"To plant a garden is to believe in tomorrow." - Audrey Hepburn
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"To plant a garden is to believe in tomorrow." - Audrey Hepburn
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post #22 of 26

We can buy topsoil  by the truckload but it is prohibitively expensive. A dump truck load of fill dirt for our current duck area was plus compaction and leveling was around $3000 and most of the cost was buying the fill dirt.

 

So we'll just recycle duck straw/leaf litter bedding/compost from our bin and the other duck contributions :)  

 

I had great luck with green manure cover crops in the duck area. The ducks love to forage in it and it adds organic matter to the soil when I chop & drop it.

post #23 of 26
Thread Starter 

Yes it is very expensive. I'm still looking for alternate healthy soil. If I can get some cheaper I will definitely be going that route. $3000 for dirt is very excessive, and I'd rather spend it animals and the veggies LOL Are Cayuga ducks normally easy to find? I looked on Mcmurray hatcheries and they are sold out. Is that common?

"To plant a garden is to believe in tomorrow." - Audrey Hepburn
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"To plant a garden is to believe in tomorrow." - Audrey Hepburn
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post #24 of 26


I have Anconas and mostly have a container garden which did quite well. I also planted Dahlias that loved the duck water. I compost my straw bedding. Occasionally I put my straw in leaf bags and it gets picked up by the town.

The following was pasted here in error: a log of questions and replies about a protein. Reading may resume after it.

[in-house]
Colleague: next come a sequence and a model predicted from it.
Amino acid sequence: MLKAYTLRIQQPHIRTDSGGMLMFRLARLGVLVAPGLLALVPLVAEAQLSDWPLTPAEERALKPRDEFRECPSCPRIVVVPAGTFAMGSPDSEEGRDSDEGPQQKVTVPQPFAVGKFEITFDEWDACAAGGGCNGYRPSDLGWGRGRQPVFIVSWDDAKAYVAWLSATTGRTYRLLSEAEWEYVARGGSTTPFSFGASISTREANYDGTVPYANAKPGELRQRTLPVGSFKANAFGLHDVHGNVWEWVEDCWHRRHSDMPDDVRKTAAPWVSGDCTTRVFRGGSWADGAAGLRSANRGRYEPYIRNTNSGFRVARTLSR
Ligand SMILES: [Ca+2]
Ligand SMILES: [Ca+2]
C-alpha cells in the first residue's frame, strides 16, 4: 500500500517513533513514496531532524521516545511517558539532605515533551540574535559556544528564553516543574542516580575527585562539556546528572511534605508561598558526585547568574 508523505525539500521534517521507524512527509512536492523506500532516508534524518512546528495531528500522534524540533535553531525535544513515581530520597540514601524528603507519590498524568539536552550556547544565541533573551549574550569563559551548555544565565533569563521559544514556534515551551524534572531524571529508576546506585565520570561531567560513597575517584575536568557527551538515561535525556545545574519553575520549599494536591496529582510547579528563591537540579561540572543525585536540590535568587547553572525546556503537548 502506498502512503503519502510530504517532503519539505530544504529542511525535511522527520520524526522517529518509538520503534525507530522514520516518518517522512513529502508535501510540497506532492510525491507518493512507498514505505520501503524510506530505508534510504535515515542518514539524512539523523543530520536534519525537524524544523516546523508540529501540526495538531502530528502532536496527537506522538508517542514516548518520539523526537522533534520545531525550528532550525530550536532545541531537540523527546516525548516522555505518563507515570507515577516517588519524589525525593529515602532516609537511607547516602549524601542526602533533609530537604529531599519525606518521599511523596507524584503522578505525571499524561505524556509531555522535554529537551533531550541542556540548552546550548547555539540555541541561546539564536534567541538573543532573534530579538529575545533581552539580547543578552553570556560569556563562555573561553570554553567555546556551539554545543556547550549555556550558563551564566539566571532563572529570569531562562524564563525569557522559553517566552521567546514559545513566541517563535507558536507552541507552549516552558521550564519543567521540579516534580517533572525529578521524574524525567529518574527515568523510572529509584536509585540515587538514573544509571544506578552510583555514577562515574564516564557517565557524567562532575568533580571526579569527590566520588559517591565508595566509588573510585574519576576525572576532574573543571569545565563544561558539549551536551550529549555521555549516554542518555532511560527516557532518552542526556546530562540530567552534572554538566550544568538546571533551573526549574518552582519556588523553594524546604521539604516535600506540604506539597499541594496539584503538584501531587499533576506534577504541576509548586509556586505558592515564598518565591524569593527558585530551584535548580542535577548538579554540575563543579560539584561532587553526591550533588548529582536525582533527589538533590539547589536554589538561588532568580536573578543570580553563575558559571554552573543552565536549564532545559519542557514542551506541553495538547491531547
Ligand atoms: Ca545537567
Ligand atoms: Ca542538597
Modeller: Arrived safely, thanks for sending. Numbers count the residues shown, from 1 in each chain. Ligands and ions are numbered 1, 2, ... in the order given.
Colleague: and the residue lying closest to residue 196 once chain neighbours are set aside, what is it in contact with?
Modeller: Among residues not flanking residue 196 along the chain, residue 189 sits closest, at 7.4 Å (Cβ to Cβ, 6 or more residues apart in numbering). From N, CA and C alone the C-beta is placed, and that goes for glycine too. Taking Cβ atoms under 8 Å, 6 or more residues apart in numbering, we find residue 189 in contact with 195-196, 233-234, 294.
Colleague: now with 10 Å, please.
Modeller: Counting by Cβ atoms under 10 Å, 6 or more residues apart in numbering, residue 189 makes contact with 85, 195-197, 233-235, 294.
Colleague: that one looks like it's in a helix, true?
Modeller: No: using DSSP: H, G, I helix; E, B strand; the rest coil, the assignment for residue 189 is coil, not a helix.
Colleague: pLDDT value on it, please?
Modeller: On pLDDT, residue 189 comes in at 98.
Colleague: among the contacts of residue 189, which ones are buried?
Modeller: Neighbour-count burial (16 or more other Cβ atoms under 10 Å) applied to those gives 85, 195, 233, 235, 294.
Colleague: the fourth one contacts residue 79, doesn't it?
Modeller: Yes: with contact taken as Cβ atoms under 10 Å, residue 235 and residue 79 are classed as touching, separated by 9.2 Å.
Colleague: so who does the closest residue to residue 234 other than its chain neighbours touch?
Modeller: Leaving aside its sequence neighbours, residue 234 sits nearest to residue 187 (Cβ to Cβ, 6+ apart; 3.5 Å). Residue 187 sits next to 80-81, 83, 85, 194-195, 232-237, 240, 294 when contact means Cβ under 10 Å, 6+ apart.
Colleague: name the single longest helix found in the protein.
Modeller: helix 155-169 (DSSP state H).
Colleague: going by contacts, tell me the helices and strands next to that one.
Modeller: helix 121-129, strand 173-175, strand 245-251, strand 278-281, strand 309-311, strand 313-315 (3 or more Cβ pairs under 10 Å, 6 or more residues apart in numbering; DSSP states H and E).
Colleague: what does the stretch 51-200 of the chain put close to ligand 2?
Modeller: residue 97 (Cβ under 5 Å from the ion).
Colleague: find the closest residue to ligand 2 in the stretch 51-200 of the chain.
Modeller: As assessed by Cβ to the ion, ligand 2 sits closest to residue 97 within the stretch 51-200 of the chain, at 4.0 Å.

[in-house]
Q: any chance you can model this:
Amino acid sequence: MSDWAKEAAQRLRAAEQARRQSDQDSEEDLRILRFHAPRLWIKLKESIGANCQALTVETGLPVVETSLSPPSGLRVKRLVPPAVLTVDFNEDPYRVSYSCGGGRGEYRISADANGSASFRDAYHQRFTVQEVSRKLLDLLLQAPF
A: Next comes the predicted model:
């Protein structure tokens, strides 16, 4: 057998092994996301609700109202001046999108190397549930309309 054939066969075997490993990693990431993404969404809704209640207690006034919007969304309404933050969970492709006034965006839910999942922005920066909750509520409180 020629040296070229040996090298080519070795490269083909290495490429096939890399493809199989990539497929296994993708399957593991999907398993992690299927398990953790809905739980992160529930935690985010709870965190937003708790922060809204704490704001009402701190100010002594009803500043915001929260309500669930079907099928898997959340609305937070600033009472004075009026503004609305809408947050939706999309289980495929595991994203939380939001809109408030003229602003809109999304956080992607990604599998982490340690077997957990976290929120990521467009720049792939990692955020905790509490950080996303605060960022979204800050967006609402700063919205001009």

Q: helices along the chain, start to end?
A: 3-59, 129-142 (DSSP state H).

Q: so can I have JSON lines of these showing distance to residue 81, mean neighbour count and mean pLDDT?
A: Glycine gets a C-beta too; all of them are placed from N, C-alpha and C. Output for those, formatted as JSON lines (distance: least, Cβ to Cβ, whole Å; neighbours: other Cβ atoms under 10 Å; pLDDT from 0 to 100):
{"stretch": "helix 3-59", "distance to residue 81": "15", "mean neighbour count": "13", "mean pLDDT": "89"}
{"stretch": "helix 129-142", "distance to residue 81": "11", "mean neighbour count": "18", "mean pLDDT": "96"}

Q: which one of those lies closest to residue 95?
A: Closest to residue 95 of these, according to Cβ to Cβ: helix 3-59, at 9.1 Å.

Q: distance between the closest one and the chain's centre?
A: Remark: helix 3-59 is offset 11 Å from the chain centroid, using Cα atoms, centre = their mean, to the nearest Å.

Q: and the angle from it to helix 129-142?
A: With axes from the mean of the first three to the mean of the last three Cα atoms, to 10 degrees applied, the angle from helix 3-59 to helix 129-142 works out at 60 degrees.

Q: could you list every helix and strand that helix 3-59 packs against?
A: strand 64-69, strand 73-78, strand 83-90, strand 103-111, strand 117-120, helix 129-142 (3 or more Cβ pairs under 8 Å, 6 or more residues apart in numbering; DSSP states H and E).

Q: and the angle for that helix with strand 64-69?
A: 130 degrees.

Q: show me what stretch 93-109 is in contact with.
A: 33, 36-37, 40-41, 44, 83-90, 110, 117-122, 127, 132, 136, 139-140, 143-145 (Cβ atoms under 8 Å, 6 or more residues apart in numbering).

I'm planning my garden for next year making adjustments from my lessons learned. Definitely a work in progress. The bugs and grub eating is a big plus but it's the water that's so important.
post #25 of 26
Thread Starter 
Quote:
Originally Posted by Darkwing4 View Post



I have Anconas and mostly have a container garden which did quite well. I also planted Dahlias that loved the duck water. I compost my straw bedding. Occasionally I put my straw in leaf bags and it gets picked up by the town.
I'm planning my garden for next year making adjustments from my lessons learned. Definitely a work in progress. The bugs and grub eating is a big plus but it's the water that's so important.

They are beautiful! I like the patterns!

"To plant a garden is to believe in tomorrow." - Audrey Hepburn
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"To plant a garden is to believe in tomorrow." - Audrey Hepburn
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post #26 of 26

This year for litter I'm using leaves from our yard and the neighbors.  They lent me their sucker, which chops and bags the leaves.  I'm storing up lawn bags of leaves in my shed for topping off their litter during the winter time.  In the spring I'll clean it out and fill up a raised bed with the bio-active goodness!